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Library Explores Internet Future of Rare Books

University News Office, (August 30, 1996).

The economics of electronic versions of rare books is the subject of a two-year study being undertaken by the University of Virginia Library. Sponsored by a $400,000 grant from The Andrew W. Mellon Foundation, the project will compare usage and costs between electronic texts and original printed editions of rare early American fiction.

As part of the study, 582 first editions of the most important novels and short stories will be digitized and put on the World Wide Web. Called the Electronic Archive of Early American Fiction, the online collection will include books published between 1775 and 1850. The books chosen for the project range from the earliest American novels, such as Susanna Rowson's "Charlotte" (1791), through James Fenimore Cooper's "The Last of the Mohicans," Edgar Allan Poe's "Tales of the Grotesque and Arabesque," and Nathaniel Hawthorne's "Scarlet Letter." All the texts will be taken from rare first editions in the Barrett Collection and other collections in the Library's Special Collections Department.

"This project is an exciting opportunity to investigate how rare materials can be distributed widely through new computer technology," said Karin Wittenborg, University Librarian. "We are delighted that the Mellon Foundation will provide funding for the project."

Wittenborg added that a major goal of the project will be to determine if rare research materials can be made available at a reasonable cost on the Web. "Until now, if you wanted to see the first edition of Poe's "Tales," you had to travel to one of a few libraries that had copies, and even then the copies are so fragile that they can't be handled very much. The copies on the World Wide Web will make it possible for researchers around the world to see accurate reproductions and searchable texts of these wonderful records of American civilization."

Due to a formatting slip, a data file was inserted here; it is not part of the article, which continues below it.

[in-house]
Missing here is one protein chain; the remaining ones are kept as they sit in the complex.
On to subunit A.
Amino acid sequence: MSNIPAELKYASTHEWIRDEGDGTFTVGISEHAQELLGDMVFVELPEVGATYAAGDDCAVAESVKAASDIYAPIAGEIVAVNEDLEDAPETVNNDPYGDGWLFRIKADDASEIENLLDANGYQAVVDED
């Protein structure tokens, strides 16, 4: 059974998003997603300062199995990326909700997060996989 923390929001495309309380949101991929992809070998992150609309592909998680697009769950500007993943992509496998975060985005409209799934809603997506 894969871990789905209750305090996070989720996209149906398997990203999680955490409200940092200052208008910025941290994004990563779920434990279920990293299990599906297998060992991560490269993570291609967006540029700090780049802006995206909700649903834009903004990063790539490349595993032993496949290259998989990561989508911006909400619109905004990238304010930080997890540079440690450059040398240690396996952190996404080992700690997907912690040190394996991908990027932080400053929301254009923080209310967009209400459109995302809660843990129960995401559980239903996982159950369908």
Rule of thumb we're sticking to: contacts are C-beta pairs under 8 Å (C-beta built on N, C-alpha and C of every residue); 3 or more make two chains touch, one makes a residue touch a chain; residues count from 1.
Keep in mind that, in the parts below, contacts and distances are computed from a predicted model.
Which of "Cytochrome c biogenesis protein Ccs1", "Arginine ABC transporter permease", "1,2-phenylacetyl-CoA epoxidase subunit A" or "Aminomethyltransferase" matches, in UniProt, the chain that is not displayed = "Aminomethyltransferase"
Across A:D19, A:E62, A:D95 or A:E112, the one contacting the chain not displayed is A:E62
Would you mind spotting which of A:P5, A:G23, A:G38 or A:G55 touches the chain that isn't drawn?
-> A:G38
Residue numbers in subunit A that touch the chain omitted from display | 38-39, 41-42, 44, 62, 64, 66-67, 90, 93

Wittenborg said that an important part of the project will be an evaluation phase in 1998. Teachers and students will be asked to compare factors like ease of use of original rare books and of the electronic versions of them.

Two versions of each text will be made available for the project on the Internet, according to David Seaman, Coordinator of the Electronic Text Center in the Library. "We plan to have computer images of each page of each of the 582 volumes--125,000 pages altogether," he said.

"More importantly, there will be searchable texts. Look up a word like 'liberty,' and you will get a list of quotations showing how authors in the early Republic were using that word." The E-Text Center will add these texts to some 15,000 other electronic books that it makes available on the World Wide Web. Because most of the books to be used in the project are fragile, the computer images of each page will be prepared in the Special Collections Digital Center in the Library. The coordinator of that center, Edward Gaynor, pointed out that a specially adapted camera is used to take digital images. The $35,000 camera was purchased through an earlier grant from the Gwathmey Trust. Gaynor noted that the images produced by the digital camera result in high quality reproductions of rare book pages on a computer monitor.

The 582 volumes in the project are taken from two standard bibliographies: Wright's "American Fiction 1774-1850" and the "Bibliography of American Literature "(BAL). Included in the selection will be all first editions by 82 authors, including Melville, Hawthorne, Cooper, Poe, Washington Irving, Longfellow, and William Cullen Bryant.

Michael Winship, Professor of English at the University of Texas and editor of BAL, commented, "This project will make available for use by scholars and students the electronic texts of an extensive and important group of early American novels. Furthermore, it demonstrates once again the commitment of the U. Va. libraries to preserving and documenting our literary heritage and to creating and promoting rigorously prepared electronic editions."


University News Office.